News Feature | November 12, 2013

Do Wisconsin's Frac Sand Mines Endanger Groundwater?

Sara Jerome

By Sara Jerome,

A global hot spot for mining frac sand; Wisconsin could have its groundwater contaminated by this process, critics say. 

Frac sand is "quartz sand of a specific grain size and shape" that is suspended in the fluid that gets injected into oil and gas wells, according to a report by the Wisconsin Geological and Natural History Survey, a University of Wisconsin program. 

"The type of sand used in this process must be nearly pure quartz, very well rounded, extremely hard, and of uniform size," the report said.

Wisconsin has "some of the best frac sand in the country because several of our geologic formations meet these specifications and are found near the surface," according to the report. 

The concerning part comes in when frac sand is washed. This step is necessary to ensure uniformity. Chemicals are used to clean the sand.

Those chemicals are a threat to the water supply, opponents argue. 

"The chemical people are most concerned about is called polyacrylamide, which is used to get mud and fine silt out of the water used to wash the sand," Wisconsin Public Radio reported

University of Wisconsin Geology Professor Kent Syverson told Wisconsin Public radio that polyacrylamide is harmless, but "it's made from a toxic chemical called acrylamide."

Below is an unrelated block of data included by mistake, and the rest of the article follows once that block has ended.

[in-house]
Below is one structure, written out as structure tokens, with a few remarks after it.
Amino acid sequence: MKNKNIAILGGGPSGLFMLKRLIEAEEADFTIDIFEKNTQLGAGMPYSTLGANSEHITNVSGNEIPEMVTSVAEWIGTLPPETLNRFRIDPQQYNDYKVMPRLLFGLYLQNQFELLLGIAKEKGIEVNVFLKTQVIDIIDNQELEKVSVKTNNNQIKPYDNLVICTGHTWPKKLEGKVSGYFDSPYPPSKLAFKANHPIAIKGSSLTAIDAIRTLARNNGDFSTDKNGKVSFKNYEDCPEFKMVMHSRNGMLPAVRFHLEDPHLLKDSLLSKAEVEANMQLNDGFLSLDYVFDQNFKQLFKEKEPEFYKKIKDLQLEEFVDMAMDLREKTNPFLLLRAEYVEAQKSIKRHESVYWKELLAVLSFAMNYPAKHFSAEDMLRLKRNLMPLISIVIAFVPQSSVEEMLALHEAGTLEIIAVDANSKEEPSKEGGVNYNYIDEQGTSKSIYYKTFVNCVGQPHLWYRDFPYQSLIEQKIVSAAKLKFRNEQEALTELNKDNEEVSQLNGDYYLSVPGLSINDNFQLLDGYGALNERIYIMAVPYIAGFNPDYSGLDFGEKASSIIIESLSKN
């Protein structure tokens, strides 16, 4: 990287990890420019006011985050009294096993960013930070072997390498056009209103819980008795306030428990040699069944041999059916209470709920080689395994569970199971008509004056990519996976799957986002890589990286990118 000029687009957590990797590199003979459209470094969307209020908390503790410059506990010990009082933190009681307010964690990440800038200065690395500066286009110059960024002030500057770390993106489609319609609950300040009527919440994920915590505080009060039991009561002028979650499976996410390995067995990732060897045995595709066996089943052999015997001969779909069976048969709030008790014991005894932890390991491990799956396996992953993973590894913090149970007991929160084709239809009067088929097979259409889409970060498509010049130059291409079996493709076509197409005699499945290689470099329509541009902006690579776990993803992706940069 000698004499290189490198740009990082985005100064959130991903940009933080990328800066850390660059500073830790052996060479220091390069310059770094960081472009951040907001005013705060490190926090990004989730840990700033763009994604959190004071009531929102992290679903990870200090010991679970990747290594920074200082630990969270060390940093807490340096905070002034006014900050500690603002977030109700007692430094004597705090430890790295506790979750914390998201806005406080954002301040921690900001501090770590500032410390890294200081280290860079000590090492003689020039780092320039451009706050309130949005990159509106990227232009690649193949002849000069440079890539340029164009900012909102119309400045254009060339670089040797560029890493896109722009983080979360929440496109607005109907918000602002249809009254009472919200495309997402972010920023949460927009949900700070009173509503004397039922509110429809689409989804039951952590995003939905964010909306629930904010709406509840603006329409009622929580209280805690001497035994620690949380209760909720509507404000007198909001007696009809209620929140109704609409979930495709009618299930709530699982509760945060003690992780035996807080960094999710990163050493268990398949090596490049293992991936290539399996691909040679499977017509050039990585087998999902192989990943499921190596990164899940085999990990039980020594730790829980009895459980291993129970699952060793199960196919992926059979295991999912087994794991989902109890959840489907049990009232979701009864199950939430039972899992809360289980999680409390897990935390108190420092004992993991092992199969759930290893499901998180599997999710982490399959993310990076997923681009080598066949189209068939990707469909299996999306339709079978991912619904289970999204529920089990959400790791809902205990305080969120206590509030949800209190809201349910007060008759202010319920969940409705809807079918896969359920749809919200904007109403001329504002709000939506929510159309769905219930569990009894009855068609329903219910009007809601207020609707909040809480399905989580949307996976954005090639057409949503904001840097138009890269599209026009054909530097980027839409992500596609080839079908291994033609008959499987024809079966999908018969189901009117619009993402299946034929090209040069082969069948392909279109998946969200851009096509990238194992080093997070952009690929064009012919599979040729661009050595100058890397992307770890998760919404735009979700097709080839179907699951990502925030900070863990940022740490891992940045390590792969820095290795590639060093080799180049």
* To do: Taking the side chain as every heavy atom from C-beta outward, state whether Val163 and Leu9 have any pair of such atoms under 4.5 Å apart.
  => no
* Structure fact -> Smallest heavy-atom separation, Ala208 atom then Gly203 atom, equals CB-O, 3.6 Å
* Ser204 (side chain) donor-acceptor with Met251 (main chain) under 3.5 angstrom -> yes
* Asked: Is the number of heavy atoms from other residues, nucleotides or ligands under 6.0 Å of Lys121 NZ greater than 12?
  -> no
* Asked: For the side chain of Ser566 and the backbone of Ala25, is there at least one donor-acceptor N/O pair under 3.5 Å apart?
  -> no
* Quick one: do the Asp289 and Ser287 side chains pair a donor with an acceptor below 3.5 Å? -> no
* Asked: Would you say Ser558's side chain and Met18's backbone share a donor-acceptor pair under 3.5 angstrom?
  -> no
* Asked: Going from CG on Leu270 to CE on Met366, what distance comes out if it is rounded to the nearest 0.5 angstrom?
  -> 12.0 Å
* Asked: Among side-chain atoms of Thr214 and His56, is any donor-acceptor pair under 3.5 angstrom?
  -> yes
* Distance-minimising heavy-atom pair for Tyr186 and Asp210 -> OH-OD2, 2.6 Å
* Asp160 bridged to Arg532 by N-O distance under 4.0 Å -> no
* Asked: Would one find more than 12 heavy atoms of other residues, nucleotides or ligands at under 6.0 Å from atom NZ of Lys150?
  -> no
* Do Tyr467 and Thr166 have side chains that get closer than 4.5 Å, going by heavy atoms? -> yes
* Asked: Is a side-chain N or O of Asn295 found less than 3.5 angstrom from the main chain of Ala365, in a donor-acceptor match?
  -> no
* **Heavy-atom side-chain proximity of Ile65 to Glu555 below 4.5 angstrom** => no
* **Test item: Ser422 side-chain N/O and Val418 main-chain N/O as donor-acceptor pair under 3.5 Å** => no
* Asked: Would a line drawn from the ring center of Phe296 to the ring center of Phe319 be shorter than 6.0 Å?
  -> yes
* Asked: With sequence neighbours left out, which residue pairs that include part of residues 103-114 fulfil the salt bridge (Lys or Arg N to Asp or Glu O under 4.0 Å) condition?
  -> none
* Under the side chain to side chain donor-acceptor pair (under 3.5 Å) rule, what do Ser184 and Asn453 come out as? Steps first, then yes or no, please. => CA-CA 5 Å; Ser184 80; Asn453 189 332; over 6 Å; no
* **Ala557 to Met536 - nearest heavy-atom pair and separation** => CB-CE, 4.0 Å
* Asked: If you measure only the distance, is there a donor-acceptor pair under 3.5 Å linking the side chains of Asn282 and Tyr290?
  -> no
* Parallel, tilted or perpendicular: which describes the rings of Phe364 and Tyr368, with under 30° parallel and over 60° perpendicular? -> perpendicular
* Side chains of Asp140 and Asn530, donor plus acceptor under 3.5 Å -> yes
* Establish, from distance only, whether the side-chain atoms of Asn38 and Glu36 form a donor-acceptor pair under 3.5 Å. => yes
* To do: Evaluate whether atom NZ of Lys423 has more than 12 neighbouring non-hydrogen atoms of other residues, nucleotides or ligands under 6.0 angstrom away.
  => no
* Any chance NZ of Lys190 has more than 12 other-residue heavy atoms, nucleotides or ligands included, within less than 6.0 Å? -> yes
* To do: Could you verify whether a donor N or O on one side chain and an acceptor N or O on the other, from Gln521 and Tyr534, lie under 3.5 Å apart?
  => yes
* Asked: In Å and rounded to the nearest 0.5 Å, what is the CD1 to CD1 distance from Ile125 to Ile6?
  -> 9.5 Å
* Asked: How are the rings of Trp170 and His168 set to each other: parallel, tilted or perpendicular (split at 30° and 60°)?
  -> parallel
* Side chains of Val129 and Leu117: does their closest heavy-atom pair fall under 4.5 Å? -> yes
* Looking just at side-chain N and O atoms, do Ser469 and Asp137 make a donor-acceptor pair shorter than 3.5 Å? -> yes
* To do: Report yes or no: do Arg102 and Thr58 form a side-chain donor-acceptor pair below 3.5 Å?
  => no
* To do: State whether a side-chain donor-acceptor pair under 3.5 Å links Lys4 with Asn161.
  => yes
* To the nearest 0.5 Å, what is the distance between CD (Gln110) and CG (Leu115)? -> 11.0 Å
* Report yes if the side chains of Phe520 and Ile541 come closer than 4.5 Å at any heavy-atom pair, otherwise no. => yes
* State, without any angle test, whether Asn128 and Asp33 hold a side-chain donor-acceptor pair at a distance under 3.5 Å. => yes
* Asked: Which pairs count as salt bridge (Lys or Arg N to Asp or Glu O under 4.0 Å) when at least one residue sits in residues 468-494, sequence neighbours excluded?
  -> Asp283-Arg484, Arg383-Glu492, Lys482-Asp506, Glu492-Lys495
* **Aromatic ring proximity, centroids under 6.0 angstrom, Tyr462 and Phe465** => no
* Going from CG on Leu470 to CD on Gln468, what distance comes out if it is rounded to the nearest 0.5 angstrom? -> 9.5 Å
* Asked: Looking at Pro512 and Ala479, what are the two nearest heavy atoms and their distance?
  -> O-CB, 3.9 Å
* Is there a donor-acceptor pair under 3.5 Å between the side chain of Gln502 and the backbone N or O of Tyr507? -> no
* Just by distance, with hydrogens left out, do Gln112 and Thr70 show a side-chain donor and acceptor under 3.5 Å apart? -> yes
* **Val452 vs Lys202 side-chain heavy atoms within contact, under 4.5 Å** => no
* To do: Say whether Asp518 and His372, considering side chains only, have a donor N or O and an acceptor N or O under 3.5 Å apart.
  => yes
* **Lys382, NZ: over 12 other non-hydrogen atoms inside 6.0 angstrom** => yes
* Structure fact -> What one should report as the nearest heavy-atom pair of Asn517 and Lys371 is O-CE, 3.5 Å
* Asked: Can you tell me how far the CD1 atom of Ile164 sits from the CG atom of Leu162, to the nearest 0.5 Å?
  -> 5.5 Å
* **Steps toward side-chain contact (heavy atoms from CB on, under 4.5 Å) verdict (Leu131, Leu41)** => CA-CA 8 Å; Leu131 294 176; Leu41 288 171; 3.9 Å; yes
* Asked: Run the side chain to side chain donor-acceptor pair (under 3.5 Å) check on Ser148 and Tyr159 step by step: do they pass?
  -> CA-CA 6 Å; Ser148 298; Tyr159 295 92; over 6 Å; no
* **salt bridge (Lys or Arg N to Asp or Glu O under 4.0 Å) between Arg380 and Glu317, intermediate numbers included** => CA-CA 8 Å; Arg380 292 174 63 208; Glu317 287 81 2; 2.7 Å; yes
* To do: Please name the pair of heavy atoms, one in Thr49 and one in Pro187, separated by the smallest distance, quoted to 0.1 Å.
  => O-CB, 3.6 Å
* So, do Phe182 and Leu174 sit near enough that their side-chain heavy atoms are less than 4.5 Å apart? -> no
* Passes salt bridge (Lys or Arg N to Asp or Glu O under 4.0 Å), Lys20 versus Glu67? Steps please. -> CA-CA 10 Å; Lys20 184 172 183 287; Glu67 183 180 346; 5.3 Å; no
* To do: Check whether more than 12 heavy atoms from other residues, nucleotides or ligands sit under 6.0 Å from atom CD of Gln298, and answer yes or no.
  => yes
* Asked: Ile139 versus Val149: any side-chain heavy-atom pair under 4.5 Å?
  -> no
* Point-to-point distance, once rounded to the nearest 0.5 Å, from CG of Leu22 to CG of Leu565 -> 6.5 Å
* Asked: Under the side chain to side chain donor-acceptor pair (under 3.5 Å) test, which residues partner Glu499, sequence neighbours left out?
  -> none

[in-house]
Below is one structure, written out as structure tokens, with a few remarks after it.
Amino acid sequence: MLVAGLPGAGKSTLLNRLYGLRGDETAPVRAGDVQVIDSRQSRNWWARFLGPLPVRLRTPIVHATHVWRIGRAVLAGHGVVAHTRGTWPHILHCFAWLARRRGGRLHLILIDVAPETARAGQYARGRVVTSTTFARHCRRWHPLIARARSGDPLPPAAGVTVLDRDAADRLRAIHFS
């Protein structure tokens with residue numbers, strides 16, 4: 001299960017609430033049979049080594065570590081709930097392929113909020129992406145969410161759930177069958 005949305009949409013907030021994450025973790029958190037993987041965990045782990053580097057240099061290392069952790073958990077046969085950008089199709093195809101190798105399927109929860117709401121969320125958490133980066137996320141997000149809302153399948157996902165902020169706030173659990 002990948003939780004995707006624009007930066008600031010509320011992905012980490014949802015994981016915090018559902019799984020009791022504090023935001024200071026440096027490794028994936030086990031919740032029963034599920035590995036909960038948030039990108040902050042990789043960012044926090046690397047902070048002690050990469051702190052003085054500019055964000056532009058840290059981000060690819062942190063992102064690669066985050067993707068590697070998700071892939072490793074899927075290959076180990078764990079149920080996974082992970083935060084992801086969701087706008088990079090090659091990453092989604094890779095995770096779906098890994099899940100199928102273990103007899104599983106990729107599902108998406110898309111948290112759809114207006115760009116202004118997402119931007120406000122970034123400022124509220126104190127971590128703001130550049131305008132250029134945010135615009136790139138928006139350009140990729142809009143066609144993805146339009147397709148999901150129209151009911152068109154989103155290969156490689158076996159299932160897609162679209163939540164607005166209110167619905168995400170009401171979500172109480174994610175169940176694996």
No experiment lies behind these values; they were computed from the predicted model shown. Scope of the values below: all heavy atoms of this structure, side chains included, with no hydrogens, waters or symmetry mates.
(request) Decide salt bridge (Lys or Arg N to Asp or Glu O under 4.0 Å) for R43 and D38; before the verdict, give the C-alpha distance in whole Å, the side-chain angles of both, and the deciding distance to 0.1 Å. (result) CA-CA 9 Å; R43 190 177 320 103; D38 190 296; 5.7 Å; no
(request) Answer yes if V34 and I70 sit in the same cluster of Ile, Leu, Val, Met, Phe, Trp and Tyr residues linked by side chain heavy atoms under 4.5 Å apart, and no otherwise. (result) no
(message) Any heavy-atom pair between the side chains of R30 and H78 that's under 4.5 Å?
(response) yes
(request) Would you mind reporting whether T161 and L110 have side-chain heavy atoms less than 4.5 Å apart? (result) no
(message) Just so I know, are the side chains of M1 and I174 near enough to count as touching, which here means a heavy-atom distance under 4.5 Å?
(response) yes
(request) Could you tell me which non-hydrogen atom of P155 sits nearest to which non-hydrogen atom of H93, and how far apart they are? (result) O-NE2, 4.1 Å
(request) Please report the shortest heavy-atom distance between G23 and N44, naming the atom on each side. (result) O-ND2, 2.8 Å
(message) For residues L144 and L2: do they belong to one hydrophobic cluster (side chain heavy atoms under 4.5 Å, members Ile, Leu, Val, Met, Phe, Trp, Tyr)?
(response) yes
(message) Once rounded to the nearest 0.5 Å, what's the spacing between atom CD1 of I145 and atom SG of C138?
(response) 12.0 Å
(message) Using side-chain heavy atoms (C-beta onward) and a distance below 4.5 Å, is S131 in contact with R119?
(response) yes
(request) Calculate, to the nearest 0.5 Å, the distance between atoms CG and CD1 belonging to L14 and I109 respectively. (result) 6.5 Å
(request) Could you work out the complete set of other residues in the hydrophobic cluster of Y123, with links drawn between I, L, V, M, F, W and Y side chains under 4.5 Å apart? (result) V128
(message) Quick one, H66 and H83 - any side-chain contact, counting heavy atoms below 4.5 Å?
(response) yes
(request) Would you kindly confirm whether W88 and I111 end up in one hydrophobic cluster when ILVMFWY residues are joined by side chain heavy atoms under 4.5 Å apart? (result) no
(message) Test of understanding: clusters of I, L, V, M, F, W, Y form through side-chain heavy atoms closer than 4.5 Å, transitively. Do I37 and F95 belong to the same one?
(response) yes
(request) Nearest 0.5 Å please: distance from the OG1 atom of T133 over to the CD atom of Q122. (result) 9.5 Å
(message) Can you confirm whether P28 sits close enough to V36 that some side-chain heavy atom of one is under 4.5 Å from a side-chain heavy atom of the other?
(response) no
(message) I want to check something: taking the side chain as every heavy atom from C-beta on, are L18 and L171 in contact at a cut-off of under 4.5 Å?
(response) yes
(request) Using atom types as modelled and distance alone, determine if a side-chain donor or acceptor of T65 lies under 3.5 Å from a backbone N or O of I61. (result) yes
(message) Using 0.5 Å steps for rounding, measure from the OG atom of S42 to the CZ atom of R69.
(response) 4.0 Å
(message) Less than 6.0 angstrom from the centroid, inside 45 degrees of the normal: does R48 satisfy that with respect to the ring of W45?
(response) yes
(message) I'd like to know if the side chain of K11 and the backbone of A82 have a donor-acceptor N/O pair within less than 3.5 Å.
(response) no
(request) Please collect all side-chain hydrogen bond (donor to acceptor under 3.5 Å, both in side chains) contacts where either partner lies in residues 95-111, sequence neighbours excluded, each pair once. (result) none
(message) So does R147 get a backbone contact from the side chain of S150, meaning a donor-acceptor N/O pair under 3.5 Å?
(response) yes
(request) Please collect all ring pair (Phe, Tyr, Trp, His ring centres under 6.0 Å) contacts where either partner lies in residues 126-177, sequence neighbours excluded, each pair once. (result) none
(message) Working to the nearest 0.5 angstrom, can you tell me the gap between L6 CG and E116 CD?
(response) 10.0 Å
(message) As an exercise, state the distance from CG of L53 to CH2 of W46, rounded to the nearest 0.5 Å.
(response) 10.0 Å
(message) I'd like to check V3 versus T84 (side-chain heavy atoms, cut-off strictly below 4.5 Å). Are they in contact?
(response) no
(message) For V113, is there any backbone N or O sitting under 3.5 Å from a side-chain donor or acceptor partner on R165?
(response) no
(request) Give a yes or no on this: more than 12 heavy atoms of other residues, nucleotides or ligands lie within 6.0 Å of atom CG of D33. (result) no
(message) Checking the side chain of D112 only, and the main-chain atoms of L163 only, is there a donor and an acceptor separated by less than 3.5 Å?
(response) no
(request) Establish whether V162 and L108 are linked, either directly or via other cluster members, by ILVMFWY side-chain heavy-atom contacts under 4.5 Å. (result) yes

“There will always be trace amounts or residual amounts that are present in that acrylamide that are present in that polyacrylamide as well. It could get into the groundwater and that’s why this is an issue," he said. 

If the acrylamide is found in the water, that will raise some important questions, he said.  "How much of it is in there, what concentration is in the water, the direction it’s moving, how fast it’s moving and how far before it might encounter a private well?”

Not much is known about the potential threat. "While Syverson says such a chain of events is possible, there haven't been any studies to prove this happens," public radio report said. 

Nevertheless, the Department of Natural Resources has regulations to protect groundwater from these chemicals. 

"Silica sand mines must follow the same requirements as other nonmetallic mining operations in Wisconsin, including getting necessary air and water permits and following state reclamation laws," the rules say

Frac sand mines are unpopular with many residents in Wisconsin. Locals are already taking precautions about potential threats. 

"With four sand mines in operation within a few miles of New Auburn public schools, district officials have taken extra precautions to keep silica sand out of the building's air system," the Associated Press reported this week.  

For more on fracking and its effects on groundwater, check out previous coverage on Water Online.


Want to publish your opinion?
Contact us to become part of our Editorial Community.